Global diversity and brain development in school
by Mimi Quinn
Speaking in Tongues, a documentary by Marcia Jarmel and Ken Schneider, follows four pioneering American children on a journey to become bilingual at a time when 31 states have passed “English Only” laws. A film screening and panel discussion of the movie, hosted by The Rosendale Theatre Collective on February 15, was presented at an important time for the community.
According to Diana Zuckerman—a Rondout Valley School District (RVSD) Spanish teacher for grades K-4 and also a New York state representative for the National Network for Early Language Learning—the RVSD is threatening to eliminate the K-4 Elementary Foreign Language Program, which reaches approximately 800 students in Rosendale, Marbletown, and Rochester.
She believes that the community must become involved with the possibility of losing a language program as it develops cultural competency and is critical to prepare young people in an increasing global society.
“It also allows a child to gain an understanding that it’s okay to have similarities and differences—language and bilingualism builds a positive identity for a child,” she said.
As our nation grows increasingly diverse and the globe becomes increasingly smaller, there are many opportunities for children to benefit from one another’s wisdom and experiences.
Changing Brains is a video based on research done at the University of Oregon dealing with teaching foreign languages at an early age and its effect on brain function and growth. The video illustrates that “Brain Plasticity,” a term used for the brain’s ability to change and grow through experience, can be directly affected by learning other languages.
The studies revealed that “sensitive periods,” the optimum time for learning new things, specifically language, is as early as possible in a person’s life. Mastering sound and language structure during early experiences builds areas of the brain responsible for language skills. In fact, these vital brain areas start building while in the womb; and at birth a baby already recognizes his mother’s voice.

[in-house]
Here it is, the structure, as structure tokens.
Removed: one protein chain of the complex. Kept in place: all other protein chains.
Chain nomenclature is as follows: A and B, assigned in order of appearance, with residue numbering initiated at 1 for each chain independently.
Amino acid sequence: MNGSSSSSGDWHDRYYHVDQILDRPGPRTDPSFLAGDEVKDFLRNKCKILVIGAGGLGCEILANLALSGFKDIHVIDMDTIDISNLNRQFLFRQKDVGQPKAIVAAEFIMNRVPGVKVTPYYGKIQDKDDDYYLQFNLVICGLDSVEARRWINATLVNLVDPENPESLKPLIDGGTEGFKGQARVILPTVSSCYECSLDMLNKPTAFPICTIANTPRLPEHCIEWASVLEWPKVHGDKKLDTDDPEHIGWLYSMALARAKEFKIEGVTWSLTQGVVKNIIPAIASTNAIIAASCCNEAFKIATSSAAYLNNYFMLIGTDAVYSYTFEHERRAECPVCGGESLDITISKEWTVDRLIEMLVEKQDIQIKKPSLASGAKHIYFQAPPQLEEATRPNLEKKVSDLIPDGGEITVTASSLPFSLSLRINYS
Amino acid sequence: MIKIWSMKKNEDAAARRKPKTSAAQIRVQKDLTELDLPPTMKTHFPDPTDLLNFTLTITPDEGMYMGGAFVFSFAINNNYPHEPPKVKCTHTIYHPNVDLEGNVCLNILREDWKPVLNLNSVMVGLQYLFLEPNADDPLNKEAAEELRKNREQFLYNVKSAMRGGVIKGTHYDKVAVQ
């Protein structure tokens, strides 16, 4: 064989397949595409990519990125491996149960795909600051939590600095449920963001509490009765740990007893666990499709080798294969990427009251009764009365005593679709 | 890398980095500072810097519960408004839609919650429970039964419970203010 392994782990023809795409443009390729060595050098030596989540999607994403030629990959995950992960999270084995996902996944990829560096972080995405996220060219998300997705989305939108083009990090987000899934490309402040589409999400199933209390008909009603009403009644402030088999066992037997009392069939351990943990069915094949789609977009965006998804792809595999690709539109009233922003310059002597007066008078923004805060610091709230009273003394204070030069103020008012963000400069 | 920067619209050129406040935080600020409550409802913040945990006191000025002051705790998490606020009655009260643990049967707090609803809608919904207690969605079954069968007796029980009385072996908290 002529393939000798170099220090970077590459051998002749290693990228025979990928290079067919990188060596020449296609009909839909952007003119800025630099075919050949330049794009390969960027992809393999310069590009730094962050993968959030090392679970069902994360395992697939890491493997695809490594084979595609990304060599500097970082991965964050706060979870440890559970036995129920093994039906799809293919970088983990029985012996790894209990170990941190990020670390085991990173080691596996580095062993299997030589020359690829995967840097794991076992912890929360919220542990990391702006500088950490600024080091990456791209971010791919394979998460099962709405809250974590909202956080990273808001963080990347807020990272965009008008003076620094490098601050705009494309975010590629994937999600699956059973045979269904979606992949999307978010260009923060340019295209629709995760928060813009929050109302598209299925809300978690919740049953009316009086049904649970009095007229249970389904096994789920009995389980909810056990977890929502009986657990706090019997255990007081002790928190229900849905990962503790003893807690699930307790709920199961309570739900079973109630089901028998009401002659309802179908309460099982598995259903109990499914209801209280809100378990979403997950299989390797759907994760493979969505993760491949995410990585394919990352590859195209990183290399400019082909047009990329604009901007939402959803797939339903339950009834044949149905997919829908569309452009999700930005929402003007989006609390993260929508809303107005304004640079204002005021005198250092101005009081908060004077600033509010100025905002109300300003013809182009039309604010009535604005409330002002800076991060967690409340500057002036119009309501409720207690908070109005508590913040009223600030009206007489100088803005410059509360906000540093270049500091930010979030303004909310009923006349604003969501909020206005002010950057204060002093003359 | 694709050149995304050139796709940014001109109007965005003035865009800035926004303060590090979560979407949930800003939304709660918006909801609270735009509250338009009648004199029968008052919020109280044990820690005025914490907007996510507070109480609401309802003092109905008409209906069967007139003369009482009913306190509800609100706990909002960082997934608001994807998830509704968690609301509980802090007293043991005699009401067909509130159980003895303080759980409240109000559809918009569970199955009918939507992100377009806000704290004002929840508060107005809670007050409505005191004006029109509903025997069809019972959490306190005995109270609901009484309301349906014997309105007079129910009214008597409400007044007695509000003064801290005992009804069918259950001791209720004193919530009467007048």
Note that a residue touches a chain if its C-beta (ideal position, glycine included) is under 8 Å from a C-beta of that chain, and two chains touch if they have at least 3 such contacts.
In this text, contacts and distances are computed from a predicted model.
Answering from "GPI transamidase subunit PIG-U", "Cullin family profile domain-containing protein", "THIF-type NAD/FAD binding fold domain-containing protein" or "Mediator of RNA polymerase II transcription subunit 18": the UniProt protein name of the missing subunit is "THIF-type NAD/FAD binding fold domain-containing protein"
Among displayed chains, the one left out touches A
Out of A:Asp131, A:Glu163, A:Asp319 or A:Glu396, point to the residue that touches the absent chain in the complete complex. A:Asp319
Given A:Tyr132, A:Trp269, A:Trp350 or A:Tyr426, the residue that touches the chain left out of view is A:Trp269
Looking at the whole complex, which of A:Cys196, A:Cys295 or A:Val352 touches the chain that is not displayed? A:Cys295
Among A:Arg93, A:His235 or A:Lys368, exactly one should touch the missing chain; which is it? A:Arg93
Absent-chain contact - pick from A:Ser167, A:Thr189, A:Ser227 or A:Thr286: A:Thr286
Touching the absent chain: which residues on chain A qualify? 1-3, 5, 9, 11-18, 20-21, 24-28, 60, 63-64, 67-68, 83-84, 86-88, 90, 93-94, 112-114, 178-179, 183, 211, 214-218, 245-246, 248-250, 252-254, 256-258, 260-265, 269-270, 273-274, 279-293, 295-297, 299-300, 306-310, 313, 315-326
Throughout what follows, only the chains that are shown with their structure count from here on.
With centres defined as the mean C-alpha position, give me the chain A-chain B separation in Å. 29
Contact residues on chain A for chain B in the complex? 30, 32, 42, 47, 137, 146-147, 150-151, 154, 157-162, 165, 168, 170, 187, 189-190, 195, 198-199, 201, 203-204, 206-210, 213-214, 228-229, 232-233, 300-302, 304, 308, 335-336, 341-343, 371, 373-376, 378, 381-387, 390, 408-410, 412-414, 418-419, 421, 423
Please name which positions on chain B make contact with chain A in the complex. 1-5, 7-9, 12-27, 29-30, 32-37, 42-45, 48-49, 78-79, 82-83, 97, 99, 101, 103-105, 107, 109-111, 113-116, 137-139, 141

The University studies showed that learning a second or even third language as early as possible does not confuse a child; in fact they will speak the second language better than if learned later on.
According to edutopia.org, learning foreign languages boosts brain development, bridges cultural connections, and gives an economic edge. The website states that America, foregoing an English-Only philosophy, is starting to awaken to the reality that the world of global-language is quickly evolving and being multilingual is crucial in regaining our measures of competitiveness and promoting cross-cultural understanding.
The Asia Society is a leading institution dedicated to cultivating an understanding and communication between Americans and the people of Asia and the Pacific. Vice President of Education Programs Vivien Stewart stated, “People talk about their concern that the US is behind other countries in math and science, but we are much further behind the rest of the industrialized world in language learning.”
She cited that it’s not only compulsory to learn foreign languages in most countries, but most start their children in kindergarten.
Zuckerman said the New Paltz School District, which was facing the same dilemma as the RVSD, just announced that they are completely maintaining their elementary foreign language program.